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Sheela Gowda's Crime Fiction

Posted by sunanda  |  27. October 2008

They say goodness is a relative thing. Much in the same line of thought, crime, too, can be interpreted in several ways. Sheela Gowda’s recent exhibition ‘Crime Fiction’ blurs the thin line that separates crime from its doers and the predator from its prey.

Take the instance of ‘Crime Fiction’, the diptych that lends the entire exhibition its name. This work depicting a Caligo Memnon or owl butterfly perched on a leaf and extinguishing the border between predator and victim is stunning. For an observer, the Caligo Memnon brings forth the predatory owl and snake as well as the victimized butterfly in a single frame. Another half of the diptych displays a woman pelting stones violently even while her fragility gets a chance to come forth through the minute beads accessorizing the work.

‘Fake’, a triptych on the changing forces of the world through negativity and disillusionment, depicts the ideal Gandhi on one hand and the crime of forfeiture on the other. With cunning artistry, Sheela mocks the necessity felt on the part of man to distort and damage what is there already. A closer look at the triptych reveals vast detailing that spans across hand stains to illegible markings made with pen.

The violent upheavals in Kashmir constitute the inspiration behind ‘Loss’, a suite of six. Highly personal and heart rending, Loss comes forth as a result of the artist’s own sentimental attachment to a land that comes closest to paradise yet is farthest away from it. Be it the gloom or the devastated naturalness, Loss traverses the ups and downs of Kashmir as well as their effects on the human mind.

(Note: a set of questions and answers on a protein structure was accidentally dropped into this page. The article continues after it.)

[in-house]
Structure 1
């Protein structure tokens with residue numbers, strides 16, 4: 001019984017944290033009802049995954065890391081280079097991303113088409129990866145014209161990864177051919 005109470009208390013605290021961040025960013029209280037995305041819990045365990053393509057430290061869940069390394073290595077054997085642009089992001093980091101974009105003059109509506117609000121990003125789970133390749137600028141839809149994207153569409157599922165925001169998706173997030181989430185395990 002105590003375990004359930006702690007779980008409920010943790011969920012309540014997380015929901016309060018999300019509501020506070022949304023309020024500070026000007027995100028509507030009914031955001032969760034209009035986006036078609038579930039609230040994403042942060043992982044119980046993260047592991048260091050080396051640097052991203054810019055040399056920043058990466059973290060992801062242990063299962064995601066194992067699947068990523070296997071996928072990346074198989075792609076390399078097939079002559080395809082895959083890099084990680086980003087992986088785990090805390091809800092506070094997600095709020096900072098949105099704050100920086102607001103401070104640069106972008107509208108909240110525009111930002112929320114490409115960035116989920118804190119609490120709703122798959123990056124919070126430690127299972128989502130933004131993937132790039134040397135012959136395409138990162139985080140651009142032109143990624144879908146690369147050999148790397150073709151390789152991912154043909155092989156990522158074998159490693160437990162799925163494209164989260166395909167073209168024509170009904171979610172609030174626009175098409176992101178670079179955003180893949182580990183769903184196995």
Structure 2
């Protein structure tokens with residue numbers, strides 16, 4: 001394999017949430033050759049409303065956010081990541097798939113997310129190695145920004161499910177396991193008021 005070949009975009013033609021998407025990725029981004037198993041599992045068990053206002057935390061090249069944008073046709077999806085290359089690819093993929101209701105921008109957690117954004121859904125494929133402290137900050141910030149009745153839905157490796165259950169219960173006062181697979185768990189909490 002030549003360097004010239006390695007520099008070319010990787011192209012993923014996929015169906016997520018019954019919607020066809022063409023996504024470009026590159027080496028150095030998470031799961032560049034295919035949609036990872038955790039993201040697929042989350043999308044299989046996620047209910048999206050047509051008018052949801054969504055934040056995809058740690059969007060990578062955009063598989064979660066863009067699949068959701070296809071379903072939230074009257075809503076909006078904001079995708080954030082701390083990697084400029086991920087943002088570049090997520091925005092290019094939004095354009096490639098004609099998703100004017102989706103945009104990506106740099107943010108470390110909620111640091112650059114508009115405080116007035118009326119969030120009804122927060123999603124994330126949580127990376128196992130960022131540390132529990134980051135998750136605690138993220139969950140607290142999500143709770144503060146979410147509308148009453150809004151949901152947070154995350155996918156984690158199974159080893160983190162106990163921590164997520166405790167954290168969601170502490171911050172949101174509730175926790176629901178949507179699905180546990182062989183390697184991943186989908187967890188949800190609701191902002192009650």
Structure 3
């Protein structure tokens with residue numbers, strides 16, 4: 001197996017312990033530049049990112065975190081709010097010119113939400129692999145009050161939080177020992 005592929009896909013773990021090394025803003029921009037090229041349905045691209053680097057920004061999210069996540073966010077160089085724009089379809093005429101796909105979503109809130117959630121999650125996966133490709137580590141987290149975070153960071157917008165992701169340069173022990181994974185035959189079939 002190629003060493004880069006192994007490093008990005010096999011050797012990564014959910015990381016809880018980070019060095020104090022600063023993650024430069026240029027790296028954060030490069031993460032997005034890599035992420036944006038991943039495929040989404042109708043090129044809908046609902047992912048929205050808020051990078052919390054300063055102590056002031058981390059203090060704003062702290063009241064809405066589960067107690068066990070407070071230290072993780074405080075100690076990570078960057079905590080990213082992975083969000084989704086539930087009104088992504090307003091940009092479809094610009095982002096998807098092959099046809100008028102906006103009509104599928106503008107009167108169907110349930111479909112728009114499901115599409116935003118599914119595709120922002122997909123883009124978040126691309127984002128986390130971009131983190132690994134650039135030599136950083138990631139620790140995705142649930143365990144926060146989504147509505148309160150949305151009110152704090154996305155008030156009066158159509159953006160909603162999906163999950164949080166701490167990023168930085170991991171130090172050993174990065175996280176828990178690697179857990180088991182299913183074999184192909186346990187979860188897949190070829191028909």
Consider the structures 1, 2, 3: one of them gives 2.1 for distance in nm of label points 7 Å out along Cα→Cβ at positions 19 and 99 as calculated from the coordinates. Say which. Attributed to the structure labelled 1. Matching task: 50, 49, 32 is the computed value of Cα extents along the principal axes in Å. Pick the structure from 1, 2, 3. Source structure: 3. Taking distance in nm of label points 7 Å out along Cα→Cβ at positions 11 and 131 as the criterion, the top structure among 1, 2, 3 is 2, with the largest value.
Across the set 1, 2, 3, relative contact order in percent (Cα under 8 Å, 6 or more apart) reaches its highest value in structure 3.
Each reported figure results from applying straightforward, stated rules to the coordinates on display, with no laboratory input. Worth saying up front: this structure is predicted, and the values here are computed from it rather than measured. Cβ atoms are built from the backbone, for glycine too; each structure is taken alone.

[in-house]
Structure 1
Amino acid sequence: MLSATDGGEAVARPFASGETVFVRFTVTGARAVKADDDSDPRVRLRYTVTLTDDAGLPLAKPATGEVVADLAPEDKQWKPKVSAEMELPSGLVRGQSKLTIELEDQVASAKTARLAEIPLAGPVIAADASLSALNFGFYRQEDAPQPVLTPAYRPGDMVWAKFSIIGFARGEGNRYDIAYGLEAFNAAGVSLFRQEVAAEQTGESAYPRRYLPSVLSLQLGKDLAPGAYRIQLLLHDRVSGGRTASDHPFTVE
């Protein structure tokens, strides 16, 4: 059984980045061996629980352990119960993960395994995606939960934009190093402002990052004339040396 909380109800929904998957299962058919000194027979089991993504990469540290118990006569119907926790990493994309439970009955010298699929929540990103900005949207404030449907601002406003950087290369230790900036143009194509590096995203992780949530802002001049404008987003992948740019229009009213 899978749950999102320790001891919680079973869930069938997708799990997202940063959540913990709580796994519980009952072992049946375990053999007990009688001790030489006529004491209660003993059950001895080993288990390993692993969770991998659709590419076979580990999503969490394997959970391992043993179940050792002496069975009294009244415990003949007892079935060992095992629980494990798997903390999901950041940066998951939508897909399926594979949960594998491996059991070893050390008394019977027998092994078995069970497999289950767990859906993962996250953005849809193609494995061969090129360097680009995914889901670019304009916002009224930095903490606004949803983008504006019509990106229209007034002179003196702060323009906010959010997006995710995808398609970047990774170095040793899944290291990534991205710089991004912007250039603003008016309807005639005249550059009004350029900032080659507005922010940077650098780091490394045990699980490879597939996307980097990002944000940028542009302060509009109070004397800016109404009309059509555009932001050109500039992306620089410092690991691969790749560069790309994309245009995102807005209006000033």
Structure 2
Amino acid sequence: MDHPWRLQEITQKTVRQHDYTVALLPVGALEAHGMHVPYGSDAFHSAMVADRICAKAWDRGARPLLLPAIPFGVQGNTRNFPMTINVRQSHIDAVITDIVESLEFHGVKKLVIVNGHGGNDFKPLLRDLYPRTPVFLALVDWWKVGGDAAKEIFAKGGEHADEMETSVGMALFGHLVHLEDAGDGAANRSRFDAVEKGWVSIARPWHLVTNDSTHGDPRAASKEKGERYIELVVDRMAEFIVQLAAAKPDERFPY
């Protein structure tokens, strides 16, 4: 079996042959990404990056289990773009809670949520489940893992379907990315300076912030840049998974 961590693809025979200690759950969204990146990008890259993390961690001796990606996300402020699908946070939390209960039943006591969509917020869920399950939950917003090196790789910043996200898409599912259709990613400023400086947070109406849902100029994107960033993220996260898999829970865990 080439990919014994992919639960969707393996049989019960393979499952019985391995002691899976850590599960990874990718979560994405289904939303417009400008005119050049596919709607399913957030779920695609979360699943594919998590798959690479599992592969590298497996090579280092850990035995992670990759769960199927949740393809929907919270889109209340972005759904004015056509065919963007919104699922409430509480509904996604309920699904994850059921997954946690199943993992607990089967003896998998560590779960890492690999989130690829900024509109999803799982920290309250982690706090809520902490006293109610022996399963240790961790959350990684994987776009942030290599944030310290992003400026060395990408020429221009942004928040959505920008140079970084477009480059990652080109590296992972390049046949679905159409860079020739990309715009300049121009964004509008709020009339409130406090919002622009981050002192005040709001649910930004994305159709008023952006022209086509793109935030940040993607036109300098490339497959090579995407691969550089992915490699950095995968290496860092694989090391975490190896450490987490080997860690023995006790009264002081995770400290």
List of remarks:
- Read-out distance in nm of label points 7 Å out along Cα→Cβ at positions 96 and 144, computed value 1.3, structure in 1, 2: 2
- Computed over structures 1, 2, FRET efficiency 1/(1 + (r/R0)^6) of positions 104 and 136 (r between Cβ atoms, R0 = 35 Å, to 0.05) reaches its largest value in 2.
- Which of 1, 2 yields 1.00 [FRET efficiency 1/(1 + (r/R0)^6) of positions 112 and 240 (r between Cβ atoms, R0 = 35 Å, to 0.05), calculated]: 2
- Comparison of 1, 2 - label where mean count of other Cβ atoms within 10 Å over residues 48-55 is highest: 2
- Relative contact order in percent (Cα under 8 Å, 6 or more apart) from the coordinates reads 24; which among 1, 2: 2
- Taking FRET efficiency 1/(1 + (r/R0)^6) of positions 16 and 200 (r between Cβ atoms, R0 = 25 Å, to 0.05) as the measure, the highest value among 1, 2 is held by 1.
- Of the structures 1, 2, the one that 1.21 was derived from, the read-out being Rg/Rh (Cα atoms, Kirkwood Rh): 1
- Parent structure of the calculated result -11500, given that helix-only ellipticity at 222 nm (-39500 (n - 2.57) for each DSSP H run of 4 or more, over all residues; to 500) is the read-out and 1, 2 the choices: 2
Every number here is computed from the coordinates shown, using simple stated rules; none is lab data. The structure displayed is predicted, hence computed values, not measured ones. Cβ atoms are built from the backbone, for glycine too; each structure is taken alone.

‘Moth Mirror’ holds a silent communion with the Caligo Memnon featured in ‘Crime Fiction’. While its bodily imprints infuse fear into an observer, the latter also gets the chance to behold the victim in the creature. 

Apart from photography and painting, installation art, too, is an aspect of the exhibit. ‘Spider’ talks of the tentacles of the creature in the lines of entrapment, subjugation and claustrophobia. It would also remind the observer of chains and the consequent effect of binding. ‘The Lineup’, once again, is a diptych featuring the asymmetry in the symmetry found in a regular identification lineup to detect the criminal or the predator, in this case.

As a summation, Gowda’s ‘Crime Fiction’ can be best put as an exhibit that explores, defines and redefines the concept of crime and negativity (though relative). The shades of gloom are dark and heavy but still manage to capture the observer’s imagination and restore it to a point of realization of the real.

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